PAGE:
J. BURKE MANDABLE ET AL.
PLANNING AND ZONING COMMISSION OF THE TOWN OF WESTPORT ET AL.
January 4, 2017
from Superior Court, judicial district of Stamford-Norwalk,
R. Spirer, for the appellants (plaintiffs).
V. Gelderman, for the appellees (named defendant et al.).
J. Krisch, with whom, on the brief, was Eric D. Bernheim, for
the appellees (defendant Norman Kramer et al.).
DiPentima, C. J., and Prescott and Lavery, Js.
dispositive issue in this appeal is whether two lot line
adjustment maps were improperly recorded in the Westport land
records by the defendants Norman Kramer and Karen Kramer
(Kramers) because the maps qualify as
‘‘resubdivisions, '' as that term is
defined in General Statutes § 8-18,  and thus required
approval by the defendant Planning and Zoning Commission of
the Town of Westport (commission) to be valid. The
plaintiffs, J. Burke Mandable and Paula K. Mandable, appeal
from the judgment of the trial court denying their request
for declaratory relief and dismissing their appeal from the
decision of the commission, in which the commission declined
to consider their challenge to two maps that the Kramers
recorded with approval from the defendant Laurence Bradley,
the planning and zoning director of Westport, but not from
the commission. On appeal, the plaintiffs claim that the
trial court erred in concluding that the Kramers were not
required to obtain the commission's approval because
their maps were not ‘‘resubdivisions''
under § 8-18. We affirm the judgment of the trial
following facts, as found by the court in its memorandum of
decision, and procedural history are pertinent to this
appeal. In 1929, before the town of Westport (town) adopted
subdivision regulations, a map numbered 682 (1929 map) was
filed in the Westport Land Records. The 1929 map encompassed
the properties now known as 10 Wakeman Road and 11 Wakeman
Road in Westport. The plaintiffs own 11 Wakeman Road and the
Kramers own 10 Wakeman Road.
2010, the Kramers submitted a map to Bradley for his review.
The map purported to consolidate two parcels of land into a
single lot at 10 Wakeman Road. In accordance with §
45-10 of the Westport Zoning Regulations,  Bradley signed
and dated the map, making it eligible for recording in the
land records, and affixed it with the following notation:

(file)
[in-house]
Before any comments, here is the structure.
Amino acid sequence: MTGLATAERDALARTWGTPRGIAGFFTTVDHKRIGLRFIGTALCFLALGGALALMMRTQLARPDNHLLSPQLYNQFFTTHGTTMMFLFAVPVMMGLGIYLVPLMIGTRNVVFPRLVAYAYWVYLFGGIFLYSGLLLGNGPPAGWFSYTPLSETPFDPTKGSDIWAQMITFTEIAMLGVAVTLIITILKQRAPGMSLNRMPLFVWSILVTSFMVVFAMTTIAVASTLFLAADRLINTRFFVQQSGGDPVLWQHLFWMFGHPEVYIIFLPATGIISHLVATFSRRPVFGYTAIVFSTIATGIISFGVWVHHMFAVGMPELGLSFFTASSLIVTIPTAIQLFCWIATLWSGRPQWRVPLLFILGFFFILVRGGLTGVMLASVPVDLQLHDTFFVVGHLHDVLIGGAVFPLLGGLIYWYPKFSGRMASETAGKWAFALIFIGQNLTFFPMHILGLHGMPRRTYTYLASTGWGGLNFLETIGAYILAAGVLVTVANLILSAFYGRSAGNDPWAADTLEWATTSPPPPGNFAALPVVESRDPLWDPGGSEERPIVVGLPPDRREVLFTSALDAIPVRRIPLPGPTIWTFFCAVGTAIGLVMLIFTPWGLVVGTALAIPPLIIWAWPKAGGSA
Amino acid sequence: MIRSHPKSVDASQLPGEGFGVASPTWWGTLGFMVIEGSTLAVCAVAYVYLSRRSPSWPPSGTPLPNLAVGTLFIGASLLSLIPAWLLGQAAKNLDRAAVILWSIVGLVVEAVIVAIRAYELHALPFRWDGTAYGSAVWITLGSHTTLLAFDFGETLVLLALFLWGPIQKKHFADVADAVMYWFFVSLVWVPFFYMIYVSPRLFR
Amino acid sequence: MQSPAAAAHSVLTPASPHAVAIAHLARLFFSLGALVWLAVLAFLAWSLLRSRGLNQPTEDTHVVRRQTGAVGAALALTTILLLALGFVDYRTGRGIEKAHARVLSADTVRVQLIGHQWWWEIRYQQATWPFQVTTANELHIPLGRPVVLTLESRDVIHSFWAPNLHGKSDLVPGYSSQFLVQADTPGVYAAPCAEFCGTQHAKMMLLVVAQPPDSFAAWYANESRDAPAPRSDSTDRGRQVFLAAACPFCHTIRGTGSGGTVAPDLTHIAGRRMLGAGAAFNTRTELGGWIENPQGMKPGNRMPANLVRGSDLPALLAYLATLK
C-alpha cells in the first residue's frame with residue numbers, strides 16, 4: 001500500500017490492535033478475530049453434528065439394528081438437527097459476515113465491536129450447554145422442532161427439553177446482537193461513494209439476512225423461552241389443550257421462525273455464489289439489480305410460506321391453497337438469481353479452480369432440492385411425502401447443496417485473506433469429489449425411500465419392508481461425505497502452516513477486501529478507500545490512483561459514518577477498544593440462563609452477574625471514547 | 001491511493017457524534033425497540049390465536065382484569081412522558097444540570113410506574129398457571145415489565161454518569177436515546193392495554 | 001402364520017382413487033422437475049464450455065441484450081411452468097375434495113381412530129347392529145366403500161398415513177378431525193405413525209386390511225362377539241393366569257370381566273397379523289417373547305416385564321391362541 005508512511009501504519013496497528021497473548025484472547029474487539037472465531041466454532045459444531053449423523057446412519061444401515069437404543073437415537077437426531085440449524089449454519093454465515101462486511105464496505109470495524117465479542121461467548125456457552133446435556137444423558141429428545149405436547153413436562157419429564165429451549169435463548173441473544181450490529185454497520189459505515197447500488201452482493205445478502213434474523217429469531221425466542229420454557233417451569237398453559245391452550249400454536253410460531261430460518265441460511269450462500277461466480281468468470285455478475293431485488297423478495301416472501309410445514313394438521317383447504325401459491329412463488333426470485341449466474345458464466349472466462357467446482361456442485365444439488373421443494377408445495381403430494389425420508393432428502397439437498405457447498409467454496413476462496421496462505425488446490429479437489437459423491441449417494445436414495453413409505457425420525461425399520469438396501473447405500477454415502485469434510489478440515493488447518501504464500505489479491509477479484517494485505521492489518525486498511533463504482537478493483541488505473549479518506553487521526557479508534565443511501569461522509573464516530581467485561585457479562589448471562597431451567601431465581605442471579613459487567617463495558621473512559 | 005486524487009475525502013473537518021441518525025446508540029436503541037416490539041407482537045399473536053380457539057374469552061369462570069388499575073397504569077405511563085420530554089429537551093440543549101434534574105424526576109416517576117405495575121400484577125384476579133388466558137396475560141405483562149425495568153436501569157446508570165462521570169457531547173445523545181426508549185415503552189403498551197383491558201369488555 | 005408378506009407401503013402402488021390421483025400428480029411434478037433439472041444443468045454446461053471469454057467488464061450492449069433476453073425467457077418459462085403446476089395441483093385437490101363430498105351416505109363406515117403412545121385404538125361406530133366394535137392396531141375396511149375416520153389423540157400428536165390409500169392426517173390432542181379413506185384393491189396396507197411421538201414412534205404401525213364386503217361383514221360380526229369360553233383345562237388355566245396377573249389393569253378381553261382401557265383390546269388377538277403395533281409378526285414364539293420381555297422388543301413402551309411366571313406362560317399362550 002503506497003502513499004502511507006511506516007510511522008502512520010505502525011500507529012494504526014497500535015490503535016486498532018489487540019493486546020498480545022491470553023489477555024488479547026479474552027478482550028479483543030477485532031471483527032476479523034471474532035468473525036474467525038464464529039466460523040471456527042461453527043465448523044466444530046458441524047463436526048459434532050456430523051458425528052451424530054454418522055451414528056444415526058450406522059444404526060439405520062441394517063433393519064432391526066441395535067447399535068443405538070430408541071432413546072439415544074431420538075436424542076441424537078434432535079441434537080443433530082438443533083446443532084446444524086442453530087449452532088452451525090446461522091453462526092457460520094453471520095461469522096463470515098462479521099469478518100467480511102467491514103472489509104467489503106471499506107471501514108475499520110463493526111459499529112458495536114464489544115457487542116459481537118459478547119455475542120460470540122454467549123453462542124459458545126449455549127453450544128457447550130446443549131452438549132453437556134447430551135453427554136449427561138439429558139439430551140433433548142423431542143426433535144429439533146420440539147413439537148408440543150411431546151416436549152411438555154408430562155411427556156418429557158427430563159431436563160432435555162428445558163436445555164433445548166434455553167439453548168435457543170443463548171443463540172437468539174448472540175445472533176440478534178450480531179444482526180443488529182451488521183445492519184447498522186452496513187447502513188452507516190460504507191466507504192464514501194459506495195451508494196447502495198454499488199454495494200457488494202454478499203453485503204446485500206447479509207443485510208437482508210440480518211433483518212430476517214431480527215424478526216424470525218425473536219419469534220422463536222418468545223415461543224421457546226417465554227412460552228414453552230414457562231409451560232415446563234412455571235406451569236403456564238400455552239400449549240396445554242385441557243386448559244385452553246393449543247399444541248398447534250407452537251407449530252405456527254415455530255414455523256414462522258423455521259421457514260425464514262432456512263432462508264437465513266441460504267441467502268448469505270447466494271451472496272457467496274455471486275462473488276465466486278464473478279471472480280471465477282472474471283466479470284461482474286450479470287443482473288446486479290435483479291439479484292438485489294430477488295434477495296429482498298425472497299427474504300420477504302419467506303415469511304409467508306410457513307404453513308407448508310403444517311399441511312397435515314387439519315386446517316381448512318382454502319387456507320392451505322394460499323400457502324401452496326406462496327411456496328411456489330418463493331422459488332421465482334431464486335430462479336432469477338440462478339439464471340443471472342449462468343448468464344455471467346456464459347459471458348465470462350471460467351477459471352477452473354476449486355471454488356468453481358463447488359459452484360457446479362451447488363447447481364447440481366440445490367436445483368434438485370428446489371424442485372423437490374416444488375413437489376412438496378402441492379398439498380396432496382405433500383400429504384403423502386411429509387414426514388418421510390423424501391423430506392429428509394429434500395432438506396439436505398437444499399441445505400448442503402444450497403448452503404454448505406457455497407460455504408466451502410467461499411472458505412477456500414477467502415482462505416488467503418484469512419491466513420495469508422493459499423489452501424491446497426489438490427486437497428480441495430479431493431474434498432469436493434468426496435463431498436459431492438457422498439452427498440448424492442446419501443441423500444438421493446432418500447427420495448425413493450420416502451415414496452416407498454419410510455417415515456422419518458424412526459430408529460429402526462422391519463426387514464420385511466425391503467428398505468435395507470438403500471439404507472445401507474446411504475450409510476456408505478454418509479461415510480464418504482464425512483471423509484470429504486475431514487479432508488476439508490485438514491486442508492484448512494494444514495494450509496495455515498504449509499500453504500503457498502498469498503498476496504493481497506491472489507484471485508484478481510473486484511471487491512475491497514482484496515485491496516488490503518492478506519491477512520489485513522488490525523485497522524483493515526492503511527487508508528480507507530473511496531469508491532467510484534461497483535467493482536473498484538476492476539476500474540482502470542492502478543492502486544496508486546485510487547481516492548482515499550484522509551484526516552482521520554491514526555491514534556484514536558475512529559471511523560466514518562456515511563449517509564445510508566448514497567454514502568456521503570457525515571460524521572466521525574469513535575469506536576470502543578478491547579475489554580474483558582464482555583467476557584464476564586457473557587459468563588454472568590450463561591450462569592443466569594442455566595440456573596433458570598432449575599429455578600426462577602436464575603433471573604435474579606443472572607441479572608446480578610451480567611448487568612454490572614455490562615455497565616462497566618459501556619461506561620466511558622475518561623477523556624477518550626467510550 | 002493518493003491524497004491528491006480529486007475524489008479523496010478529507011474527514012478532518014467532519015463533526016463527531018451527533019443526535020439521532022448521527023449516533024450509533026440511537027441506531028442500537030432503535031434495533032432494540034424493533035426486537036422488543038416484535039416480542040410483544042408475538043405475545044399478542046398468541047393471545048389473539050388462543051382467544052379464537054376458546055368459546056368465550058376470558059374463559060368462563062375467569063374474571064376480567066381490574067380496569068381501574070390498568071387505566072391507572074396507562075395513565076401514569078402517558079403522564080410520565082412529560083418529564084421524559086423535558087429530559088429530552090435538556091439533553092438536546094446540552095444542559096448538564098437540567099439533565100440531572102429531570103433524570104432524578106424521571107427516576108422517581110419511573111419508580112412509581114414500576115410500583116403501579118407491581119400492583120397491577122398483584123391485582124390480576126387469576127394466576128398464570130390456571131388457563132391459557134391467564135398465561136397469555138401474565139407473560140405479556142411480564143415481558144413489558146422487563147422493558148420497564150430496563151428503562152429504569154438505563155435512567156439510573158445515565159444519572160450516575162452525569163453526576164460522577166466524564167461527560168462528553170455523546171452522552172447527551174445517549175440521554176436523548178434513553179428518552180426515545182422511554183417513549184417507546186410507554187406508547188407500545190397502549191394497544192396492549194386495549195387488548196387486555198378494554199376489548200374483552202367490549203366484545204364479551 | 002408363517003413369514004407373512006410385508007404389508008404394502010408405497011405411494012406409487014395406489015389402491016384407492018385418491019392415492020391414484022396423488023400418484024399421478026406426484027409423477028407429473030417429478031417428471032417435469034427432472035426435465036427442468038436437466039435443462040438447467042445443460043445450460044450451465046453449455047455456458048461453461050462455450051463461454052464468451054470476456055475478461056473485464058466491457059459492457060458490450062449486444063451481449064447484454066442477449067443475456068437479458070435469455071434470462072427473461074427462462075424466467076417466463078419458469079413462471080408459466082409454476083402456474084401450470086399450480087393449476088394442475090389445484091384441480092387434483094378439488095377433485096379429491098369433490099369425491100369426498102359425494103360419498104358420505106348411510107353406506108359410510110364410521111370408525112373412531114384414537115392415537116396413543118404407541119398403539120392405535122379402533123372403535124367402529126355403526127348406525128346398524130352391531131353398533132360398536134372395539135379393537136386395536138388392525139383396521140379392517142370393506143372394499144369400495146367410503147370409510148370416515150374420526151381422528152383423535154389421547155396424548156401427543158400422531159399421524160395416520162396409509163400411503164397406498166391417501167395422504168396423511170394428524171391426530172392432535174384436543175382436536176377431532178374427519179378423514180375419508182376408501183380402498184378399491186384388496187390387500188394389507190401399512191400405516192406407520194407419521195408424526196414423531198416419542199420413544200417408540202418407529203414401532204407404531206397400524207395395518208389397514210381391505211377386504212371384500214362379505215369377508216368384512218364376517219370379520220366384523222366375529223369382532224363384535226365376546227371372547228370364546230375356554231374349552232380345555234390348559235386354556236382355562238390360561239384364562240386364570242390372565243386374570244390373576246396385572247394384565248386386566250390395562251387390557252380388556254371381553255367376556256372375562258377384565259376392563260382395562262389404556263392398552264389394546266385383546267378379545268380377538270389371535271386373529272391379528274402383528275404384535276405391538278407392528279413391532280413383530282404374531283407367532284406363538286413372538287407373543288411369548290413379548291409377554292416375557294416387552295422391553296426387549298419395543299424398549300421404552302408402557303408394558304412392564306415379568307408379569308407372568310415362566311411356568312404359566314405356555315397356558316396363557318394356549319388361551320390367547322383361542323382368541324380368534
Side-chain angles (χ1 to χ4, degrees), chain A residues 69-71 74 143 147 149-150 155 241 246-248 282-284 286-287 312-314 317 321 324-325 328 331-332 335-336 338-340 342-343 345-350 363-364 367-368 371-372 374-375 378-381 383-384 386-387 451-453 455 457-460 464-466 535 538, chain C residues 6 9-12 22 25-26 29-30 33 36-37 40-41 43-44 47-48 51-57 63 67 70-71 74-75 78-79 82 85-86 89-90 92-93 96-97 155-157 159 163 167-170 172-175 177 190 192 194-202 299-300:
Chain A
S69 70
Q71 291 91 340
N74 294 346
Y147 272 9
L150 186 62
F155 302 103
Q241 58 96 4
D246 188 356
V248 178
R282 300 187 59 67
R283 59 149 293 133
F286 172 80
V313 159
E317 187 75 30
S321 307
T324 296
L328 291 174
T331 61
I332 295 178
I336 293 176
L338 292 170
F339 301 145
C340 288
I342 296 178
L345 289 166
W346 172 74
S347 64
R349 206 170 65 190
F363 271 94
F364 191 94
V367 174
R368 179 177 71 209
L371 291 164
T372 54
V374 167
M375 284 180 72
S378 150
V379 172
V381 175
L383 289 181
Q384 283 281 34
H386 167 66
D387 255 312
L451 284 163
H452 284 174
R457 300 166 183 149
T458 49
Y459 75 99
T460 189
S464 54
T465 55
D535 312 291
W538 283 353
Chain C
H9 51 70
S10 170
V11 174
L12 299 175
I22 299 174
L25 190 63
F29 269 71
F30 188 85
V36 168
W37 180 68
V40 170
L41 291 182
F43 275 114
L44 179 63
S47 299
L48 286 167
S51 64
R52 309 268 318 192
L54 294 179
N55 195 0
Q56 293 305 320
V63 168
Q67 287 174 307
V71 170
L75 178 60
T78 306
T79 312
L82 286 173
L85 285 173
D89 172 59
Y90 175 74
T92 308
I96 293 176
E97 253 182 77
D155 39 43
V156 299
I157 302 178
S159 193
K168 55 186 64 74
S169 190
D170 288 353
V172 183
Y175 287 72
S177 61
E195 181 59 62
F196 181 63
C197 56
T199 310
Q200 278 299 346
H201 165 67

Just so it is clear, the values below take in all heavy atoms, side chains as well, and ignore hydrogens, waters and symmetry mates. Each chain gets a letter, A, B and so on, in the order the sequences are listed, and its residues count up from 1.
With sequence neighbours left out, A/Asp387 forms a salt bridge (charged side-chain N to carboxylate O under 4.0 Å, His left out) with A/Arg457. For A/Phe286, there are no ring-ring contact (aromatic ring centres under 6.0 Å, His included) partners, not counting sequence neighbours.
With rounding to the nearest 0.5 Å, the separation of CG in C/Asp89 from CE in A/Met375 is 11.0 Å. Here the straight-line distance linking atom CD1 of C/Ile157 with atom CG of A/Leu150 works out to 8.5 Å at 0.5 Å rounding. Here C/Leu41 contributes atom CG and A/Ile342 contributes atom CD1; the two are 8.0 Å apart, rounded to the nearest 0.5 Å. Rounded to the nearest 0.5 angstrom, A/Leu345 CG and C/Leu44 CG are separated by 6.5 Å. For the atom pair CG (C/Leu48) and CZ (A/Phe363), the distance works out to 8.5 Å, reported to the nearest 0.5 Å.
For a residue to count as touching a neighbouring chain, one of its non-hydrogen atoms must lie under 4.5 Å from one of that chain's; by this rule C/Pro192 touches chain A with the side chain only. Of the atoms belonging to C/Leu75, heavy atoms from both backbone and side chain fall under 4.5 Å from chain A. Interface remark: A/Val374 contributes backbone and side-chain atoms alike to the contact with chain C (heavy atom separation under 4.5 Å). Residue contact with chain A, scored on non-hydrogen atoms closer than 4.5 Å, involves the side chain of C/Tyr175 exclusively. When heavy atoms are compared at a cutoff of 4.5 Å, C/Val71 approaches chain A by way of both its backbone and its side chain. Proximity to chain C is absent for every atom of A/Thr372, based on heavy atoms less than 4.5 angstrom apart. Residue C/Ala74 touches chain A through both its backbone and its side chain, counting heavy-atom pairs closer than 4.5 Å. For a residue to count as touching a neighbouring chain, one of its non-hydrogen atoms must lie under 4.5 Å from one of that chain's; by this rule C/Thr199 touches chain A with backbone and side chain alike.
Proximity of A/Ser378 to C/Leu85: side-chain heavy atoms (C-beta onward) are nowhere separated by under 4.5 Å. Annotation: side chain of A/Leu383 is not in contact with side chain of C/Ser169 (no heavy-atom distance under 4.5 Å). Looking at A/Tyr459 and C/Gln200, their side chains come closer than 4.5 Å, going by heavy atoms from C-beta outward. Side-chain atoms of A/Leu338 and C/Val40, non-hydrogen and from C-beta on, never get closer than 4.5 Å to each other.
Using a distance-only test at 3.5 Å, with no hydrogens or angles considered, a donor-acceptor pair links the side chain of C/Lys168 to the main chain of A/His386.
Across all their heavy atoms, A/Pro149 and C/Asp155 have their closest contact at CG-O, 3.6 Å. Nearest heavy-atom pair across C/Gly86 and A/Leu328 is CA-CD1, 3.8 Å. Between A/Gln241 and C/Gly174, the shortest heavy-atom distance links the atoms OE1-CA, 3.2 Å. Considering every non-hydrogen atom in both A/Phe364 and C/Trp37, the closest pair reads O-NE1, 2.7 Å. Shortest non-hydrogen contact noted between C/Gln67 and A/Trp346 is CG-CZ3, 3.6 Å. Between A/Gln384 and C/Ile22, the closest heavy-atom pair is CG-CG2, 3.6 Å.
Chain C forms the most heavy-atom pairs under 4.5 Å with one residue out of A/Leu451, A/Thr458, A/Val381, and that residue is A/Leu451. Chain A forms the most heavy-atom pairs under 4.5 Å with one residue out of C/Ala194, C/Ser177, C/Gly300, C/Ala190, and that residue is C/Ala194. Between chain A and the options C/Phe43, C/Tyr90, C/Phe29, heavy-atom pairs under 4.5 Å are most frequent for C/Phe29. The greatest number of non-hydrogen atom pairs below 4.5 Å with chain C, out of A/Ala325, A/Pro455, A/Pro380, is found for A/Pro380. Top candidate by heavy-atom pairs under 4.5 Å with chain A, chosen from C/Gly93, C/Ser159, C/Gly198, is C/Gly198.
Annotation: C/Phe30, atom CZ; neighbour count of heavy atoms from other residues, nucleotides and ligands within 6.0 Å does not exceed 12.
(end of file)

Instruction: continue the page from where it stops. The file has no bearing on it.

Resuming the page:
‘‘[T]his plan is neither a subdivision nor a
resubdivision as defined by the General Statutes of
Connecticut and the [town] and may be recorded without prior
approval of the [commission]. This stamp allows this map to
be filed in the Westport Land Records. The presence of this
stamp is not an endorsement of the accuracy of the map by the
[town] or any board, commission, agency or official agent or
employee of the town.'' The map was recorded in the
land records in June, 2010. In 2013, the Kramers submitted a
second map to Bradley for his review, which purported to
divide 10 Wakeman Road into two lots. Bradley signed, dated,
and stamped the map with the same notation, and the map was
recorded in May, 2013.
January, 2014, after learning of the two lot line adjustment
maps, the plaintiffs filed with the commission a
‘‘Petition for Determination of Re-Subdivision
for Property Located at 10 Wakeman Road, Westport,
Connecticut'' (petition). In a letter dated January
20, 2014, the commission refused to consider the petition on
the grounds that the plaintiffs' opportunity to appeal
Bradley's actions ‘‘expired long
ago'' and that it was ‘‘unaware of any
authority'' upon which to consider the petition.
plaintiffs filed a two count amended complaint against the
defendants in the trial court. The first count appealed the
commission's refusal to consider their
petition. The second count sought a declaratory
judgment determining that, inter alia, the maps recorded by
the Kramers were ‘‘resubdivisions'' under
§ 8-18 and, therefore, required approval by the
court rejected the plaintiffs' statutory argument in a
memorandum of decision dated June 4, 2015. Relying on the
plain language of § 8-18, the trial court determined
that ‘‘there can be no ‘resubdivision'
unless there has first been a ‘subdivision, ' and
the division of land prior to the adoption of subdivision
regulations is not a subdivision.'' The court
concluded that because the Kramers' maps did not modify a
subdivision-that is, they altered the 1929 map that had been
filed prior to the town's adoption of subdivision
regulations-they were not resubdivisions and, therefore, did
not require the commission's approval to be valid.
Therefore, the court dismissed the plaintiffs' appeal and
denied their request for declaratory relief.
plaintiffs claim that the court misconstrued § 8-18 in
determining that the term
‘‘resubdivision'' did not encompass the
Kramers' maps. Specifically, the plaintiffs contend that
§ 8-18 defines ‘‘resubdivision'' to
include not only changes to maps of approved
subdivisions, but also to changes to recorded
maps that do not qualify as subdivisions because
they were recorded before the town's subdivision
regulations were adopted. The defendants respond that, ...